I’m pretty sure you already heard about Hooks, since they have been around for a year or so, tho still so many people haven’t taken the time or gotten the chance to experiment with them yet. Here I will try to explain the concept through my understanding in this post.
But first things first, let’s quickly answer this question; Hooks are functions that let us “hook into” React state and lifecycle features from stateless functional(won’t anymore!) components. Hooks don’t work inside class based components — they allow us to use React without needing classes at ALL! The thing is that, they can only be used in functional components.
I can hear you asking, basically Hooks give us the possibility to extract stateful logic which before could only be used in Class components and allow us to use this logic in a separate and reusable way.
so Imagine having this presentational functional component and now we want to have a controlled input within the component. Normally this would be impossible with just a functional component but with Hooks we can create a controlled input by implementing the
useState Hook, which will store the current value entered in the input and will provide us with a function to update the state:
Basically, useState Hook always returns an array with 2 elements inside, first on as a pointer to your
stateand the second one as a state update function
setState Below on the first snippet we see the not yet destructered syntax and on the second snippet we can see the destructered syntax, which is the official way to go and clearly, the readable way!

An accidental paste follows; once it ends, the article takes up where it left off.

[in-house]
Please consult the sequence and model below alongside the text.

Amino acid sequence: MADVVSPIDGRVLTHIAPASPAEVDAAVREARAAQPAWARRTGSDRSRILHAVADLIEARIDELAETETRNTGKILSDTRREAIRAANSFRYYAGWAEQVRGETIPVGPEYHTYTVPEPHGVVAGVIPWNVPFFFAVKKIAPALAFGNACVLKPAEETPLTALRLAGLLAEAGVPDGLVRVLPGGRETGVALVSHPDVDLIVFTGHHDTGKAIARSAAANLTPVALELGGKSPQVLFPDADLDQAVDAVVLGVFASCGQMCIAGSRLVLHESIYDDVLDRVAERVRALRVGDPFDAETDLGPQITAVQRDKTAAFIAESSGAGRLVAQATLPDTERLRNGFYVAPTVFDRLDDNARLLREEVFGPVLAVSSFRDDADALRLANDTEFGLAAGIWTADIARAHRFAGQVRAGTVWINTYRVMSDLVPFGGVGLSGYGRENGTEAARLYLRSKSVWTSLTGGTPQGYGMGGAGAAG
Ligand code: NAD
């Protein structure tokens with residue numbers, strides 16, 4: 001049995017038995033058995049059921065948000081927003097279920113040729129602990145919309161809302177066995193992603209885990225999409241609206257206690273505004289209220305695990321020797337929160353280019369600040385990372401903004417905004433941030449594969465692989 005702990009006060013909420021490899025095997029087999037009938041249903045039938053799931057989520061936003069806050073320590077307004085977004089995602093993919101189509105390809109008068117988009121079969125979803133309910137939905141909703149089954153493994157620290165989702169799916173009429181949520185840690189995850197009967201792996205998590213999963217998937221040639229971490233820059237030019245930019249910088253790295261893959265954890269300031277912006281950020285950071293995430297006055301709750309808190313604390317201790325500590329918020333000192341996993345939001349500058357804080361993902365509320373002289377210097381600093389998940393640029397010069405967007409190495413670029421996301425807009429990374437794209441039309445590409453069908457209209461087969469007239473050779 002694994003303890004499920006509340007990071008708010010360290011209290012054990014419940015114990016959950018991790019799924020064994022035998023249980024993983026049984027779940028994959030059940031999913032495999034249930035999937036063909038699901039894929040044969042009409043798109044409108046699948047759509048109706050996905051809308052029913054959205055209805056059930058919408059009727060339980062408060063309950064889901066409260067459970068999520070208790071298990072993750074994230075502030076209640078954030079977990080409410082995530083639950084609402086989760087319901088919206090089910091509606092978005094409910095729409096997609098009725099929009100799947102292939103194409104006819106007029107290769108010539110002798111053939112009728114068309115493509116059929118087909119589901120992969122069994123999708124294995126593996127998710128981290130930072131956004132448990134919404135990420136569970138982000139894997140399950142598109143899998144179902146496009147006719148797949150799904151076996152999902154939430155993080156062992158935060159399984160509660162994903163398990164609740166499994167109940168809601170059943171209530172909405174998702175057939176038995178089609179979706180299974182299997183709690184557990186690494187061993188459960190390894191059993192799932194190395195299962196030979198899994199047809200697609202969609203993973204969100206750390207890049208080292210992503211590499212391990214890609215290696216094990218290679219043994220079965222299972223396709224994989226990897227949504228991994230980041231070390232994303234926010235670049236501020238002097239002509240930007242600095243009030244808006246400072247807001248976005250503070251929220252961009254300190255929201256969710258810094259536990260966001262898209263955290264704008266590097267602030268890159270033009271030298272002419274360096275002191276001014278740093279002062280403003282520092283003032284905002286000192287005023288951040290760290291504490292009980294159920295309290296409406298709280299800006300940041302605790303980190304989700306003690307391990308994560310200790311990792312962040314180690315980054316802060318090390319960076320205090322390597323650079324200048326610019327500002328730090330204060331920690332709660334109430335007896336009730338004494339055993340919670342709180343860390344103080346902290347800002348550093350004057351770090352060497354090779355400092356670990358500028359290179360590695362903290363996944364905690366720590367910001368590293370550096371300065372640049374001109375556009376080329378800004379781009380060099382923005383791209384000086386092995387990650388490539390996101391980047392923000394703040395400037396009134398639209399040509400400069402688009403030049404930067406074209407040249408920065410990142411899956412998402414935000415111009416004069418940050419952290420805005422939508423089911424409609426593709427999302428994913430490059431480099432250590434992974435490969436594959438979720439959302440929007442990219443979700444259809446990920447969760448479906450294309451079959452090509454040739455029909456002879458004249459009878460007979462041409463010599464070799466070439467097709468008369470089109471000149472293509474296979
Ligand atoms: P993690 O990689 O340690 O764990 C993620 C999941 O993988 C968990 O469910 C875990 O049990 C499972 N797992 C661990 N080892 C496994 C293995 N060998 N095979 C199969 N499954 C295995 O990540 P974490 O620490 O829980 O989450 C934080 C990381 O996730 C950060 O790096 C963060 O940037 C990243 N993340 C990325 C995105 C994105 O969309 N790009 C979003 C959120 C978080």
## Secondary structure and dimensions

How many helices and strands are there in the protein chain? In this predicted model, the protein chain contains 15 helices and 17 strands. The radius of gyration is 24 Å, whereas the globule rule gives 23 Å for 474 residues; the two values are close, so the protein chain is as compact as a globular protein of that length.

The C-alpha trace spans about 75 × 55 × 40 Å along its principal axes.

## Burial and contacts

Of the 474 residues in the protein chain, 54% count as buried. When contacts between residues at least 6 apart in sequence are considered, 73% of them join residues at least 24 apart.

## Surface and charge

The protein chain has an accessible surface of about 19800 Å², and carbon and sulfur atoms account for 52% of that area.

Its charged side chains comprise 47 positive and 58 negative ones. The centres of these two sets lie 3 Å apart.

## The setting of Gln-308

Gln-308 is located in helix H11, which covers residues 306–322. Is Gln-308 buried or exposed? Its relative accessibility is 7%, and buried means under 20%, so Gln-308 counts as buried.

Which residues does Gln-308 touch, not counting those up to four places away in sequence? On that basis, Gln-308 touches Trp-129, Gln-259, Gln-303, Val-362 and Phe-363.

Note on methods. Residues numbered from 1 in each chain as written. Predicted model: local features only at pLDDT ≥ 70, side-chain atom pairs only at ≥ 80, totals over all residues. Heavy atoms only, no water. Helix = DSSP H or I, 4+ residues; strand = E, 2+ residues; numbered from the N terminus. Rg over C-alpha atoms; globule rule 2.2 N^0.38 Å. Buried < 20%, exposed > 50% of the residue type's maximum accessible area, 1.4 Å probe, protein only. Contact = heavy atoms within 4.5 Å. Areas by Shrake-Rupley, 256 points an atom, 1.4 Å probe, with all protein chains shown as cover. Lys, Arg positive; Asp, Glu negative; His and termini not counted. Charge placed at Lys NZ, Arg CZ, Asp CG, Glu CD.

by passing an empty string as a parameter to our
useState Hook we are simply initializing our variable
value with an empty string. If we don’t pass an argument, it will initialize it with
undefined we could have initialized it with an empty array or with null or whatever fulfilling our needs.
But wait, what if we want to control more than just one state in our functional component? Sure thing, we can. We can use as many Hooks as we want.
But It is important to note that there is one super important difference when you compare
setState which you’re probably familiar from class based components to
useState Hook. In class based components you always had to use an object as the state and whichever object you passed into the state was merged with the existing one but with
useState you can even initialize with undefined or whatever you like and it doesn’t merge with the existing state, in fact it overrides whatever inside! So wee need follow a different protocol and use spread operator. Also I provided a with simple button to log the state into console.
Now there are two important rules when you work with hooks, with any hooks not only just with useState First, you must only use the Hooks in functional components or inside of other Custom Hooks. The second you should always use the hooks on the root level in your component. It means that you can’t use a hook in some nested function even if you’ve tried. The modern react projects have code checked you would have been warned! This also includes if statements, you can’t use a hook in an if statement block as well.
useEffect is a lifecycle Hook for functional components which basically combines
useEffect is also where you carry out your side effects as well.
Even though it is a lifecycle method like the others, in a way it’s better than the rest. The reason for it being better is that you can make use of
useEffect multiple times within a single component, which allows you to split up and keep related logic grouped together while maintaining readability of your code.
I am going to use
fetch to fetch data for simplicity, but it is up to you to use another data fetching library like axios. Then implement your useEffect hook for the data fetching:
useEffect is used to fetch data with
fetch from the API and to set the data in the local state of the component with the